The documentary photos, below, of a modest-looking Cumulus congestus cloud yesterday afternoon that lept up to the stratosphere in the 20 minutes that cloud maven person wasn’t watching. Yours truly, while videoing it from start to finish, only got two still shots in those 20 min due to a distraction1; was not taking photos of every cloud every three minutes as the “compulsar”, CMP likes to do:
20 minutes later….something unbelievable has happened: a “volcano” of sorts erupted from this moderate, isolated cloud. I have never been so embarrassed in all my life not to have seen this coming. But it was also so wondrous at the same time.
Also seen was the rarely seen Cumulus congestus pileus tops here and there indicating strong uprushing currents pushing into the air above the top, and rushing up so fast, the air above the top is pushed up and starts to condense into a cloud before the actual cloud top reaches it. See below:
For the full day yesterday, see the U of AZ time lapse. Its a rolling archive and so it will gone if you read this after today.
Time of the hurricane, and of the California Niño
Those model generated ones, that is, that are shown to come close to Arizona; “close” being within 500 miles or so, which, astronomically speaking, is incredibly close.
This time of year, we look forward to the possibilities that one of the many hurricanes that affect the Mexican Pacific will rush up Baja coast, angle northeastward and cross the border into Arizona. Remember that one in 1976 that hit Yuma with 76 mph winds? Yeah, like that one. Go here to read about it if you don’t believe me that Yuma experienced hurricane force winds from a hurricane. Mt. San Jacinto in southern Cal got over 14 inches of rain, too.
While the computer models have a tough time generating hurricanes in their right places too far in advance, they are remarkable in how many they generate, considering that those hurricanes pop up out of loose-looking cloudy masses, with weak areas of low pressure associated with equally, loosely-organized upper level features. To have a tropical storm leap out of that cloud mass, the upper air pattern has to spread the air aloft over those clouds so that more air can come into the developing storm at the bottom. And, as more thunderheads (though they don’t usually thunder much) pile upward, more warming aloft occurs, and that helps the air spread away even faster.
Today, we have a coupla interesting predictions, one by our Canadian friends, showing a tropical storm roaring up the coast of Baja just next Thursday. This from their 5 PM AST model run yesterday. The remnant of that TS goes into southern California! This is just 5-6 days away, which, in model time, is not that far off and usually is fairly reliable.
But, USA model (WRF-GFS) from 5 PM AST last evening, has no such feature! See below. Boo-hoo.
Still, something interesting has shown up in our own USA model about two weeks out that seems to be due to something unusual that’s happening off the West Coast. A new phenomenon, reported in Nature (!) and akin to the “The New Niño” (the one in Pacific Ocean Region 3.4) and the “Classic NIño” (the one we heard about as kids where the water off Peru gets real warm), has recently been dubbed, the California Niño.
This is an oscillation caused by the slackening of the onshore winds along the Cal coast. Those winds, when as strong as they usually are, cause really cold water to boil up to the surface; when those winds become slackers, the water warms tremendously.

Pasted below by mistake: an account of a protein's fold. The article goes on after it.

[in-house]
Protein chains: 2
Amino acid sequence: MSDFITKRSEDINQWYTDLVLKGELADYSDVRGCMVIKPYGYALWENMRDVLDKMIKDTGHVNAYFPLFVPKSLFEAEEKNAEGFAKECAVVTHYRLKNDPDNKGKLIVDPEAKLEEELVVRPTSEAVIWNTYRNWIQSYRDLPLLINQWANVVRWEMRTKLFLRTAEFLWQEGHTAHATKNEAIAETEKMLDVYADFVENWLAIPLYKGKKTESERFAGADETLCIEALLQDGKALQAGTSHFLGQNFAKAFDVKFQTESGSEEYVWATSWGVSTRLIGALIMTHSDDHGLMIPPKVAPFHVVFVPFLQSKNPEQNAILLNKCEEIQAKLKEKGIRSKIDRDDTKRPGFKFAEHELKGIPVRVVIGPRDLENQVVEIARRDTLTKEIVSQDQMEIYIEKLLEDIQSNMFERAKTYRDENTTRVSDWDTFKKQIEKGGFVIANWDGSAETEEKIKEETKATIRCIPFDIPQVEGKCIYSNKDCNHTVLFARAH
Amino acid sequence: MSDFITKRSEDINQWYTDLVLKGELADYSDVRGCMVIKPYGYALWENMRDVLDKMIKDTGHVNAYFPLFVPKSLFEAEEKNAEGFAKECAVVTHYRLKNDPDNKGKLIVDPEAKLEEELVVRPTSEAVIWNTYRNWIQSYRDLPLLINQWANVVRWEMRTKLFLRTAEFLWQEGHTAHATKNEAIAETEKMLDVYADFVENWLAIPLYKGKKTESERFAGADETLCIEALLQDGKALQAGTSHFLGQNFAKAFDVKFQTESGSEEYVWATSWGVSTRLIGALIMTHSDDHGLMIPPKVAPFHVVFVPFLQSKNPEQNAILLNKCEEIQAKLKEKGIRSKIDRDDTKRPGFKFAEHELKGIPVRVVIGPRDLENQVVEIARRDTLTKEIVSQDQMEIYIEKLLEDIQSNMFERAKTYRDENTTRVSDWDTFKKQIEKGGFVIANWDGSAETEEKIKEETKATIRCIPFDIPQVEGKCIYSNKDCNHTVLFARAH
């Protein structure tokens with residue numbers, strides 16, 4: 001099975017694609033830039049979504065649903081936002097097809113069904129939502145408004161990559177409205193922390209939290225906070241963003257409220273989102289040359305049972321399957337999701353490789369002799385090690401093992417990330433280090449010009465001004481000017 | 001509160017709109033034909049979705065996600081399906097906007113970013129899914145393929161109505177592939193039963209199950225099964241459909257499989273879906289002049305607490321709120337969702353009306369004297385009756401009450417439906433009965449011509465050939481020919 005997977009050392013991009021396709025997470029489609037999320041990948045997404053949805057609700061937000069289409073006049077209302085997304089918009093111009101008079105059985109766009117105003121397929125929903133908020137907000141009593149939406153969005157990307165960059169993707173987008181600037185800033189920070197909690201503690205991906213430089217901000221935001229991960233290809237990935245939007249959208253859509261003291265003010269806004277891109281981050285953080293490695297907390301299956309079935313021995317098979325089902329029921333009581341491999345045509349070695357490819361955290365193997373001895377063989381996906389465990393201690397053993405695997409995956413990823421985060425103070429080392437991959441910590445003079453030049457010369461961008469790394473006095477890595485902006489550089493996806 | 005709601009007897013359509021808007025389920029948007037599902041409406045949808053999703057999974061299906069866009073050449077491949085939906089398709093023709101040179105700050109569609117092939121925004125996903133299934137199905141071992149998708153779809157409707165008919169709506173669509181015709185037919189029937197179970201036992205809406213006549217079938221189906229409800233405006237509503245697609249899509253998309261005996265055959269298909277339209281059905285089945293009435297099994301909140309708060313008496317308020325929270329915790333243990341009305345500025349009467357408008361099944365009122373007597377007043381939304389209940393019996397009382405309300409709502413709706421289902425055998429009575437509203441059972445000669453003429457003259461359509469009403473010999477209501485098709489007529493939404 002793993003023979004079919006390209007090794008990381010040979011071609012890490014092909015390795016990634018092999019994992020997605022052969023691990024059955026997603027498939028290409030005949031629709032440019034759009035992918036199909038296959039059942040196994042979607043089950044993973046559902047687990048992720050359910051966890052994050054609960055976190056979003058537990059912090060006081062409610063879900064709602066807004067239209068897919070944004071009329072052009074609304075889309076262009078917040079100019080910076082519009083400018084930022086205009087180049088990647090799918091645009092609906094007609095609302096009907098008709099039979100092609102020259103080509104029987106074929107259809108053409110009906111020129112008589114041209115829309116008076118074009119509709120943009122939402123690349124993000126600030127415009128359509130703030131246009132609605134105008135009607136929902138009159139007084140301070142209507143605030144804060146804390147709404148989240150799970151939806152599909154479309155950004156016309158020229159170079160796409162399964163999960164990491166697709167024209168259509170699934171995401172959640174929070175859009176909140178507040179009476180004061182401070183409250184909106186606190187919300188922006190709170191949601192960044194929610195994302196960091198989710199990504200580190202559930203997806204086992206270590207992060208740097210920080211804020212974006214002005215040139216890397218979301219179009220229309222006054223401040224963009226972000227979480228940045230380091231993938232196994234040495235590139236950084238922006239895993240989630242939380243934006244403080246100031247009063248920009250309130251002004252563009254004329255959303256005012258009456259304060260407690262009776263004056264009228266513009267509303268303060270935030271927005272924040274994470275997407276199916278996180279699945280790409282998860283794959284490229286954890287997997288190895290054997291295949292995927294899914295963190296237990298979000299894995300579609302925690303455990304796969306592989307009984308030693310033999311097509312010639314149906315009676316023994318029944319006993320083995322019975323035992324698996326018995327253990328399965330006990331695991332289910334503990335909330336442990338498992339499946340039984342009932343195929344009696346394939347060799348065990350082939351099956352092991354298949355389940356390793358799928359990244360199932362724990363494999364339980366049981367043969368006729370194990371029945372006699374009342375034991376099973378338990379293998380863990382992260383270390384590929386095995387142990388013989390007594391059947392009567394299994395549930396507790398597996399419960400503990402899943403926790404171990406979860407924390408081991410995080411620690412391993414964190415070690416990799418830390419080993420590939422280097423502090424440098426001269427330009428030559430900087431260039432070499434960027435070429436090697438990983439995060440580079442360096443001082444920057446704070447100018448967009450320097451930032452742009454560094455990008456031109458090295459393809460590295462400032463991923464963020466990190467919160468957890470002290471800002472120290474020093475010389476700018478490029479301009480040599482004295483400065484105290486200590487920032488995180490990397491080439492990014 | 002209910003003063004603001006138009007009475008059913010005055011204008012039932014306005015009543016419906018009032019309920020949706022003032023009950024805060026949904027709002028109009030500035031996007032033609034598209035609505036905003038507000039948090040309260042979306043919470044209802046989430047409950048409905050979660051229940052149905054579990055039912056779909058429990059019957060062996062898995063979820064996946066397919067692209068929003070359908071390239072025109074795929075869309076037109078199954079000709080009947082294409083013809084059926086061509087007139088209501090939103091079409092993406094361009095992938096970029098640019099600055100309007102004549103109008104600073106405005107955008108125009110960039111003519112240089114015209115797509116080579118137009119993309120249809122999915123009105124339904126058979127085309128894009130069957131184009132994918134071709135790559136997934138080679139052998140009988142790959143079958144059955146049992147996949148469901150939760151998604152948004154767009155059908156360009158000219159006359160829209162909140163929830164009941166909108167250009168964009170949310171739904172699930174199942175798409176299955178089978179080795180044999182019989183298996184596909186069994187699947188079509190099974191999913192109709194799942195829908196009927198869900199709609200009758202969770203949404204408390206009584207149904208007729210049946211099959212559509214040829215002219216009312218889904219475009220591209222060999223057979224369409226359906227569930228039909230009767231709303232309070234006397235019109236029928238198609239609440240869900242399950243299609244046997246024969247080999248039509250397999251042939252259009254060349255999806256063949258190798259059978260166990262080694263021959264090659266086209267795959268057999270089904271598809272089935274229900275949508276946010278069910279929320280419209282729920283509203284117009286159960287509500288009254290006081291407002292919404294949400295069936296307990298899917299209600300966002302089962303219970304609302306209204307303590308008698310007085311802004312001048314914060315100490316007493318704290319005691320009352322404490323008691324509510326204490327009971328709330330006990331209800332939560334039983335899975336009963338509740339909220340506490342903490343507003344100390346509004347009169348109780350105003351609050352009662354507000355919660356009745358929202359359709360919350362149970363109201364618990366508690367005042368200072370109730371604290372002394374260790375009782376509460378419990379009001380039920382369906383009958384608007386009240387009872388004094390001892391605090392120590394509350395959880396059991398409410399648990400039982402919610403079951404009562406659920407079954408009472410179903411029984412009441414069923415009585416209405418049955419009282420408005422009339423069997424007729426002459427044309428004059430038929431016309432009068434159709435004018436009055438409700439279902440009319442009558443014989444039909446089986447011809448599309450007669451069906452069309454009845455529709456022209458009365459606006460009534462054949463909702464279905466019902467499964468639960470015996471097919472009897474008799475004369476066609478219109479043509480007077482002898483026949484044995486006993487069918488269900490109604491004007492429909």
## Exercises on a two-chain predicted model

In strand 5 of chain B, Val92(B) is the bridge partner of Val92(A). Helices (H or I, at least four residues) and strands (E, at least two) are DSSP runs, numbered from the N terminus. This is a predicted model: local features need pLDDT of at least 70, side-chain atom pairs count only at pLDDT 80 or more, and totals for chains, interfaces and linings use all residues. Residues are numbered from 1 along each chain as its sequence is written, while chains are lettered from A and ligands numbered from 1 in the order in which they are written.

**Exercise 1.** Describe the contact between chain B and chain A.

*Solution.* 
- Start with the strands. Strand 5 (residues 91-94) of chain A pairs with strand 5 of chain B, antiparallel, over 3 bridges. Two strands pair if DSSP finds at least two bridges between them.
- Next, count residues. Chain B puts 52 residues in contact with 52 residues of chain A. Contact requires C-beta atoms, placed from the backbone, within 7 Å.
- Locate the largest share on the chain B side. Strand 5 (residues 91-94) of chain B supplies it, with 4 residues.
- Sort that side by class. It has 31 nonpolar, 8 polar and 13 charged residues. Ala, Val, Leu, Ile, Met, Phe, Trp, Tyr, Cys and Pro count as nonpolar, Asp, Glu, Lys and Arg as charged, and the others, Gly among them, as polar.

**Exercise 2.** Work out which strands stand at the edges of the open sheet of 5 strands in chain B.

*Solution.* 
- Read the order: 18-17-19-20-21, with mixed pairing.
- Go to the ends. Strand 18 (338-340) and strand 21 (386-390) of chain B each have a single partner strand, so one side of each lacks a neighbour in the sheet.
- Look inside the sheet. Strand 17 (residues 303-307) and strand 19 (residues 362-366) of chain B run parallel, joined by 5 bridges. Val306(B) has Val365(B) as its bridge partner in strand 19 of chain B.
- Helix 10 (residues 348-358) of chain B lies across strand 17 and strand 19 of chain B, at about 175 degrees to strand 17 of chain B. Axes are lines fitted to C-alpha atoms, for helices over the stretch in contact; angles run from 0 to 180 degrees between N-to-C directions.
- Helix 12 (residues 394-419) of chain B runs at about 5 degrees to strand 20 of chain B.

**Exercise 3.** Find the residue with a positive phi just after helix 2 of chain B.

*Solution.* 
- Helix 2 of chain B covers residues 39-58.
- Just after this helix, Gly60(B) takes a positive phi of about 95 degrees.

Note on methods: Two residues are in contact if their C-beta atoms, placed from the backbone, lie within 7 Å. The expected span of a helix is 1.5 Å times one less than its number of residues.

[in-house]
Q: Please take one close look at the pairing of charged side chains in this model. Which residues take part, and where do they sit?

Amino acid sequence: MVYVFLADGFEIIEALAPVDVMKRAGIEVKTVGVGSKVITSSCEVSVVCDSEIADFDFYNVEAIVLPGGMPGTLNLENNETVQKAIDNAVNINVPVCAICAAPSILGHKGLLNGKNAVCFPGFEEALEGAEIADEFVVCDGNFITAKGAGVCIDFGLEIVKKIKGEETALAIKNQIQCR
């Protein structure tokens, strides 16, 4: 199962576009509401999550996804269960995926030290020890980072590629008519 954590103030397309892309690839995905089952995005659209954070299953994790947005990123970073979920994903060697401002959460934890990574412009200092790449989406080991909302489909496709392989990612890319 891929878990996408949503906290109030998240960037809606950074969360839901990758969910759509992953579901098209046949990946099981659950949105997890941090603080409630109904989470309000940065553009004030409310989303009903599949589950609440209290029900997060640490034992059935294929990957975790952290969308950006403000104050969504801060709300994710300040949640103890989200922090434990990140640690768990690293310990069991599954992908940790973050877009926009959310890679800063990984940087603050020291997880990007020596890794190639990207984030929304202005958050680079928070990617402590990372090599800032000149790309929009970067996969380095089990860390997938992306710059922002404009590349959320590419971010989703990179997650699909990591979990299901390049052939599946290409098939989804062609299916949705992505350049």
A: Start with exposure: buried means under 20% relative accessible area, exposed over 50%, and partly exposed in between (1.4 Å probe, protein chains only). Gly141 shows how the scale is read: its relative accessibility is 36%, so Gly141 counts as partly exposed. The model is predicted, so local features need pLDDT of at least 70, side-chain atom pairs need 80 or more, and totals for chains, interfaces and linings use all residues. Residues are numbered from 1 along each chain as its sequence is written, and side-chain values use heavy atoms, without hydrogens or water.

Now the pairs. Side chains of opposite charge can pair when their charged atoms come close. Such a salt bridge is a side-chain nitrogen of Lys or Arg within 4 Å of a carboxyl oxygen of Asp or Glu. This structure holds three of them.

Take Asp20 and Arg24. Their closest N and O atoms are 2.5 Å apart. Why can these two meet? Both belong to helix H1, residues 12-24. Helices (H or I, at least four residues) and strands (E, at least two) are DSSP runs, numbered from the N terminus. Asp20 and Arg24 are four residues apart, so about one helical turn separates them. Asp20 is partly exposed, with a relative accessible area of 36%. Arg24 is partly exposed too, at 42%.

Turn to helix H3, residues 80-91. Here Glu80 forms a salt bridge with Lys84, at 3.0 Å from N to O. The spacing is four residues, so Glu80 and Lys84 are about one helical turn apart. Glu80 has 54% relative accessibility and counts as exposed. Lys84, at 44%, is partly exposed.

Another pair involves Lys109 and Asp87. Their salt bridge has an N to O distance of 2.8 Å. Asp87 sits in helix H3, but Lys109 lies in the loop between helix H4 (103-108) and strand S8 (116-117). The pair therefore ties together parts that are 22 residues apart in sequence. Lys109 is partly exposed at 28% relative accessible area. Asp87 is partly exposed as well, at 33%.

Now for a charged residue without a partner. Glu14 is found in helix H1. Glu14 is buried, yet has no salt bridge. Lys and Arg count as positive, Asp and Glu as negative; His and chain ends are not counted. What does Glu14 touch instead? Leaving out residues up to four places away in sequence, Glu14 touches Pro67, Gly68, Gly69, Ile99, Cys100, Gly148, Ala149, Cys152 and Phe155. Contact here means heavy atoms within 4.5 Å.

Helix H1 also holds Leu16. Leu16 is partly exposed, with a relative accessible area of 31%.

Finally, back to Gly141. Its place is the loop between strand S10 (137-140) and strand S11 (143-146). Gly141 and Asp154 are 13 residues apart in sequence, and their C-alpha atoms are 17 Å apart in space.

This year the water temperatures offshore of the Cal coastline, are way warmer than usual. No wetsuits needed off Monterey this year (a friend says)! These warmer waters will help tropical storms stay together a little longer when they are directed north and northeastward toward southern California and Arizona. Yay!
This may explain why a hurricane/strong tropical storm is shown drifting to the NW only a few hundred miles SW of San Diego, as shown below, in about two weeks. The eye-popping stat in that model projection, is that the low pressure in the center is still as low as 982 millibars when its fairly close to San DIego! This shows that the models knows about the water temperatures out there (that kind of data is always being fed into them), and it thinks that a pretty good sized tropical low can exist that far close to San Diego with water temperatures as warm as they are.
All we have to do now is wait for the right upper air “steering” pattern, to keep the western motif here, so that those stronger storms are directed thisaway, to continue yet again with the western theme.
The prediction shows that the model thinks that conditions are warm enough to support such a storm relatively close to southern California. What grabs your attention is the 982 mb central pressure in the eye of that predicted storm two weeks from now. Let us not forget the near hurricane that blasted southern California in September 1939, likely having occurred during “Cal Nino” conditions.
Check these predictions out, first from Canada, where a magnifiying glass will be required to view details:
The reason for the excitement is that troughs and jet streams are beginning to creep farther south and when they do that, sometimes they can “steer”, to use a western term again here, a storm toward the north and northeast. In June, July, and into much of August, the many hurricanes that form off Mexico and central America drift west and west-northwest only to die over the cooler waters north of the Equator.
More showers and thunderstorms are buiilding on the Catalinas! And late afternoon or evening rains are foretold here.
1Ironically, the distraction was having his computer almost stop working because he had filled up the “C” hard drive with too many photos and almost nothing worked any more! Note: Put photos on a different HD. Leave at least 10 percent of the C hard drive “file-less”, so’s it can work properly.